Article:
I find Pieper’s essay (Josef Pieper, The Philosophizing Act) seductive as I am enticed to spend my days trying to live in the sunshine of mirandum—what could be better? I find it helpful to remember that Pieper values the “workaday world”: “the utilitarian world, the world of the useful, subject to ends, open to achievement and sub-divided according to functions” (The Philosophical Act, page 64). Indeed, “If anyone is not willing to work, let him not eat.” (Second Letter to the Thessalonians 3:10).
The point, of course, is that looking to mirandum as a means to escape from the duties and drudgery of the workaday world leads me right back into that world and the “pseudo-philosophy …[that] does not transcend the workaday world” (Ibid., page 70) and “…will never pierce the dome”(Ibid, page 71). The temptation to “control” wonder and marvel is the opposite of what it means to philosophize in its purest form: “…it means to look at reality purely receptively—in such a way that things are the measure and the soul is exclusively receptive” (Ibid., page 77).
This is essential because the transcendence that comes with mirandum is not something that I create but that is created for me, a gift from the Creator. If my focus is on my producing the marvellous then I am not open to the vital part of reality and I am unable “to look upon the world as the creation of an absolute spirit” and not just ”a field for human activity, its material, or even its raw material.” (Ibid., page 78). Doing so traps me in the workaday world and prevents me from perceiving the spiritual part of the world--I am not open to the gift of the whole of reality as I filter out the non-utilitarian aspect.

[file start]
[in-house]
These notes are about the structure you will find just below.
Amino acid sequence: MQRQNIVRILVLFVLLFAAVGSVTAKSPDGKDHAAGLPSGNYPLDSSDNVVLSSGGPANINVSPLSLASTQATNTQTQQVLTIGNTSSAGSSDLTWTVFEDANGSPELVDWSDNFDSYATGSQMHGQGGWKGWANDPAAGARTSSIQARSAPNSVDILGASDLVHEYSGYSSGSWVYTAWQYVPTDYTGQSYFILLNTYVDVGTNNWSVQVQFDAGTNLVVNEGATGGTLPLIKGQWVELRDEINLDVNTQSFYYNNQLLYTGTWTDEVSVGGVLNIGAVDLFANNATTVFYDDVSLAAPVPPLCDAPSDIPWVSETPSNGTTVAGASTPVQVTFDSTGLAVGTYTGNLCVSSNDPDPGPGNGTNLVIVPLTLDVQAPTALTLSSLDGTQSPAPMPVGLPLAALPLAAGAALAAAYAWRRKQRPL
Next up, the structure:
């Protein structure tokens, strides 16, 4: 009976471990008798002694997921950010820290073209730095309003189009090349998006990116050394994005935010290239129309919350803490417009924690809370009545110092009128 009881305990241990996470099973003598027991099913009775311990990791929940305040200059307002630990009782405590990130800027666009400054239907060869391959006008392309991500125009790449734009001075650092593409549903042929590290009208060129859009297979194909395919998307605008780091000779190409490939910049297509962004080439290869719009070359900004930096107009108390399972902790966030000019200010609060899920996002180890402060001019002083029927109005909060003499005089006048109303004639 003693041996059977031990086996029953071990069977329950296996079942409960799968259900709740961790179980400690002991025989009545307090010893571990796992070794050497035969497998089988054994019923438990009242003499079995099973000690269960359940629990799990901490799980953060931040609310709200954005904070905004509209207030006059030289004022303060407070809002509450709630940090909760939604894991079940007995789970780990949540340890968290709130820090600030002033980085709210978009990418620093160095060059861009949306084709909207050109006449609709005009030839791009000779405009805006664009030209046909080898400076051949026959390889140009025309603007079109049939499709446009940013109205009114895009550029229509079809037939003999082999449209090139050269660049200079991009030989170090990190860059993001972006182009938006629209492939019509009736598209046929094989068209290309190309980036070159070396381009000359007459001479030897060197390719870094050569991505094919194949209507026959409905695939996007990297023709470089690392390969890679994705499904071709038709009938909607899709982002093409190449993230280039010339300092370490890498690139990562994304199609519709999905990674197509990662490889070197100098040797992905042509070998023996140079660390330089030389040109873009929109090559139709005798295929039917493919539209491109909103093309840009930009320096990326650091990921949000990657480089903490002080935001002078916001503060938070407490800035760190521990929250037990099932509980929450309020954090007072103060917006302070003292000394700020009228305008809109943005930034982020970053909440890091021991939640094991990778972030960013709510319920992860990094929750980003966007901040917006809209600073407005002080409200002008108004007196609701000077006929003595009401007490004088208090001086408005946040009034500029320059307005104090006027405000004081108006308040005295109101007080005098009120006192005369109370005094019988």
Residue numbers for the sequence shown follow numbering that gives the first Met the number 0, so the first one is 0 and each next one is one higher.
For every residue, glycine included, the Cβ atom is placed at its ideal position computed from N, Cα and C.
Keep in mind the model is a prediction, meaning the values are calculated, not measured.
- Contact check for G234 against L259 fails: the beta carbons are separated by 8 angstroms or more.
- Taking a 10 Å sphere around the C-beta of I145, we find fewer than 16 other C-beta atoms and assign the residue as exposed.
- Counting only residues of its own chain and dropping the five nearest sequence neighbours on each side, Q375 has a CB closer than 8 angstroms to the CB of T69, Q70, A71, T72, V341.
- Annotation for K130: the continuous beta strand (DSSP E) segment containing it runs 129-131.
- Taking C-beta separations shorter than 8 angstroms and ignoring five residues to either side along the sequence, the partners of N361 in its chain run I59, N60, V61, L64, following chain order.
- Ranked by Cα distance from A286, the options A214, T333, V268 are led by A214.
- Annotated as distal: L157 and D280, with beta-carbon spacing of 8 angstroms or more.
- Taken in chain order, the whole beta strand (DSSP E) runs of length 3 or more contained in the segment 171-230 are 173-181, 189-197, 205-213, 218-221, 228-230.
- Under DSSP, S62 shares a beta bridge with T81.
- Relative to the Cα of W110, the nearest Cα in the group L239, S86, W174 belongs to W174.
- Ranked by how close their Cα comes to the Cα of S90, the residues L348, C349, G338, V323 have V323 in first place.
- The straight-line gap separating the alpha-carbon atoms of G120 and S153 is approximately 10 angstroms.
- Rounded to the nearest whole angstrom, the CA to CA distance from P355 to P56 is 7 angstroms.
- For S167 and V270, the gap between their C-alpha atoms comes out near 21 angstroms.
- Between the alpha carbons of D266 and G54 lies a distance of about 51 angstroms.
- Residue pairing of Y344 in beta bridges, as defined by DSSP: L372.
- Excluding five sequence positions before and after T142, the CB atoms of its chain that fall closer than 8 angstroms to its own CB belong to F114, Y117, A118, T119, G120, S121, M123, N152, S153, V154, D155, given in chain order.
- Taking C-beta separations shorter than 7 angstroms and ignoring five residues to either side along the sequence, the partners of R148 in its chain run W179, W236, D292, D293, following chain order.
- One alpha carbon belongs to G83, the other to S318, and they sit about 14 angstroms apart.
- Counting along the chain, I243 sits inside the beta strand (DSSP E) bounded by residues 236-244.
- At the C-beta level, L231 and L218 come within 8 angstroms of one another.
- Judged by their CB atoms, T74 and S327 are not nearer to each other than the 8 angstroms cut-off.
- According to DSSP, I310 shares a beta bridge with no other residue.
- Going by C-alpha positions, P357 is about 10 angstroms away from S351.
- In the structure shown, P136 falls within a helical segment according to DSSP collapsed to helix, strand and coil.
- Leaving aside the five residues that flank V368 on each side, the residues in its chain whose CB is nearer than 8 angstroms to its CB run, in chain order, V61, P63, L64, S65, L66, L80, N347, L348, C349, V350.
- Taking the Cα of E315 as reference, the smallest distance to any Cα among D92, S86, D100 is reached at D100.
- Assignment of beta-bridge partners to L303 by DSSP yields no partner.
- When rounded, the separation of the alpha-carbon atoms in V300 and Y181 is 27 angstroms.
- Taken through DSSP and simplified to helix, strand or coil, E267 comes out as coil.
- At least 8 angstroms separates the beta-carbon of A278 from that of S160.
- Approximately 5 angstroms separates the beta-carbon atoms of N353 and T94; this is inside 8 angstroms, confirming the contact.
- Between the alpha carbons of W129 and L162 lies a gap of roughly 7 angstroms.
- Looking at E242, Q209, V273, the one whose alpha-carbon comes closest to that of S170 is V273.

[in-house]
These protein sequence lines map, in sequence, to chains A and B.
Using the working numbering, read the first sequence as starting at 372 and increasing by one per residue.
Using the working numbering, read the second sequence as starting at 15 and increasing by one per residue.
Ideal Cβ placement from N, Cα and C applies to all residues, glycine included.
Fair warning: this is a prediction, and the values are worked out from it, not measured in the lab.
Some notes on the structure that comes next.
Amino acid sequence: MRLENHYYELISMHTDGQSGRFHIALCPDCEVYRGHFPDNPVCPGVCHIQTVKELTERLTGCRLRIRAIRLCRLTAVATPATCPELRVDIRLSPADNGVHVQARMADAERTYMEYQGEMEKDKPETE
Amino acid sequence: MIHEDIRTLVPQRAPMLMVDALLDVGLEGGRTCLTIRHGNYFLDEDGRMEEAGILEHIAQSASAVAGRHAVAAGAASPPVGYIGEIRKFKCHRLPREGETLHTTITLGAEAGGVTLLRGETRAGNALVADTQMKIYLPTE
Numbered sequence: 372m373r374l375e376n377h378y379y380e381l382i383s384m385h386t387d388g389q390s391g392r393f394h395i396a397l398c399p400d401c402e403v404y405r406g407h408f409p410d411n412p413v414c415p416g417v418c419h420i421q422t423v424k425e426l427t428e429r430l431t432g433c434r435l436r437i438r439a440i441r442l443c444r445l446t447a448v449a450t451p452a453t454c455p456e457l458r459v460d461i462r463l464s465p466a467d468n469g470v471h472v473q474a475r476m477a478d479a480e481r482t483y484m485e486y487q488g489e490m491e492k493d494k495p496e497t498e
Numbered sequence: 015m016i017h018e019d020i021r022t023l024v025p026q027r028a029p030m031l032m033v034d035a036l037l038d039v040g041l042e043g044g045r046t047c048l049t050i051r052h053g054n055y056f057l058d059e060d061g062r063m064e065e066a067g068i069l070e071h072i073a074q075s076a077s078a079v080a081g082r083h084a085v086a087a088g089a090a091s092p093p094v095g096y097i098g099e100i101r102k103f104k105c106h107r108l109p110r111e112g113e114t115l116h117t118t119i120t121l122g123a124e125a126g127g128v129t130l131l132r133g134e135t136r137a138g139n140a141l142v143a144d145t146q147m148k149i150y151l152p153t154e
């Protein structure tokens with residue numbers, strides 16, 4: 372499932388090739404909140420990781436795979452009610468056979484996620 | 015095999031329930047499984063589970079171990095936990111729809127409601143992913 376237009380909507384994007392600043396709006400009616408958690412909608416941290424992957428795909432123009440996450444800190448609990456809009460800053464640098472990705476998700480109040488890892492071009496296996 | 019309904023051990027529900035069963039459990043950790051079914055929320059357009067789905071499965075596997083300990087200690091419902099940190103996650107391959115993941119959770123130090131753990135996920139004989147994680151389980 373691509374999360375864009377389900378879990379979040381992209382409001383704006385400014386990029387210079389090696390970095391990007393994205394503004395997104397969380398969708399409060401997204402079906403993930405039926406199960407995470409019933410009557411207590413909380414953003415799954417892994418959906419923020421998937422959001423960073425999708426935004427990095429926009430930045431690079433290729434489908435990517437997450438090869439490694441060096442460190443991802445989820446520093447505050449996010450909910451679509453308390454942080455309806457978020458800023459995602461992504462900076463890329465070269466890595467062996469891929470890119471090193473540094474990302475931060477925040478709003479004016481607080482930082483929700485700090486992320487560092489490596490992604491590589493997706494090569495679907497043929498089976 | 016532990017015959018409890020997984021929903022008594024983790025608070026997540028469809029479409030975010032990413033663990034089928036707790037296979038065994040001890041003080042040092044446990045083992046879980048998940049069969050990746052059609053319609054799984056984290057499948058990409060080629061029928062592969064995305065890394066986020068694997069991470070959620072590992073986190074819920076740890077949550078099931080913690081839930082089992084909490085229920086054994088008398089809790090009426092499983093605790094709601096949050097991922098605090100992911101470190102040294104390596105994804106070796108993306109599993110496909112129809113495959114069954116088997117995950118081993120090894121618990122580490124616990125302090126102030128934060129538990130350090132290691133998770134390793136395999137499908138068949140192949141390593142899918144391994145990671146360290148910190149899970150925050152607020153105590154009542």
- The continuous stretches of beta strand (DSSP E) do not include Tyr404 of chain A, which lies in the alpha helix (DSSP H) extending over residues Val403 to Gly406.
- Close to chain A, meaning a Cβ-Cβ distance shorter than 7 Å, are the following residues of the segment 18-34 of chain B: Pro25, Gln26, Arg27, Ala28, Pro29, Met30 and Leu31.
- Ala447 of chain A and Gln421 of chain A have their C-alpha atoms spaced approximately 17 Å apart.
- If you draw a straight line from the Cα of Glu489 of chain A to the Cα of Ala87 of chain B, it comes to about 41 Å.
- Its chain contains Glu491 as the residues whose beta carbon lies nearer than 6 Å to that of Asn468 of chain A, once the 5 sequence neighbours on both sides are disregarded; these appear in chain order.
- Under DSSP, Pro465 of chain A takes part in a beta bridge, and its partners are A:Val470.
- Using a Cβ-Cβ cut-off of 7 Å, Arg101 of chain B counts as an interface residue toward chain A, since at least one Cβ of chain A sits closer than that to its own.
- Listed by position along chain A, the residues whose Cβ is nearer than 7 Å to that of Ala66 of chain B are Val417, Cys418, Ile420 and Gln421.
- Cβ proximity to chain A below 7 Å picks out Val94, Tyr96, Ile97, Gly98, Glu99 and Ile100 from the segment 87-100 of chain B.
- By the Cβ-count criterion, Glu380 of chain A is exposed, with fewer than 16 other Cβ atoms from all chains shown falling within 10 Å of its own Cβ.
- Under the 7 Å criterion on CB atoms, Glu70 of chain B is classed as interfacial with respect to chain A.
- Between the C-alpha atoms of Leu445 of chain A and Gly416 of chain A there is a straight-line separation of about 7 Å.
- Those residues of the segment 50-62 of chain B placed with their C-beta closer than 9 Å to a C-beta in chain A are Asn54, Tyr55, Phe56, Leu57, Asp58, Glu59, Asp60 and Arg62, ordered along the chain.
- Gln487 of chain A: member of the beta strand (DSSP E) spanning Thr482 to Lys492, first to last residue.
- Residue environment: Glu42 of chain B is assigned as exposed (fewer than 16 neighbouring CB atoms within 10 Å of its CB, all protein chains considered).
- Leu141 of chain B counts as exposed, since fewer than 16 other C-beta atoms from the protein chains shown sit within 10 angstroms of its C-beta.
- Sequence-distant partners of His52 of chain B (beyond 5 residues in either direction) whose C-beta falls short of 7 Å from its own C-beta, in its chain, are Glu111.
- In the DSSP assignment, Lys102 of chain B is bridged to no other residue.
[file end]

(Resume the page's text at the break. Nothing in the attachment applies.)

And if I am not open to the whole of reality I have no hope of transcendence: “the great, wide, not to say deep, world which is at first sight invisible, the world of essences and universals, is not even suspected; nothing wonderful ever happens in this world, and wonder itself is unknown or lost” (Ibid., page 101). I am left without hope because I filter out the Creator who can rescue me from the “narrow insensitive mind, that has become narrow through being insensitive…” (Ibid.). I am left in the hellish isolation of the “dome” where I “itch for sensation” which I attempt to scratch through the perverting of the workaday world, producing higher and higher levels of stimulation in the hope of finding mirandum.
I propose that in the end philosophizing requires trust in God. I trust that God will offer me wonder in ways I can accept in my always too-narrow perceptual field, to safeguard me as I find myself lost in the workaday world, and will offer me the suffering that changes my nous and that frees me from my isolation of the dome. If I trust in God’s providence of mirandum then I have the real hope of the wonders of the kingdom of God.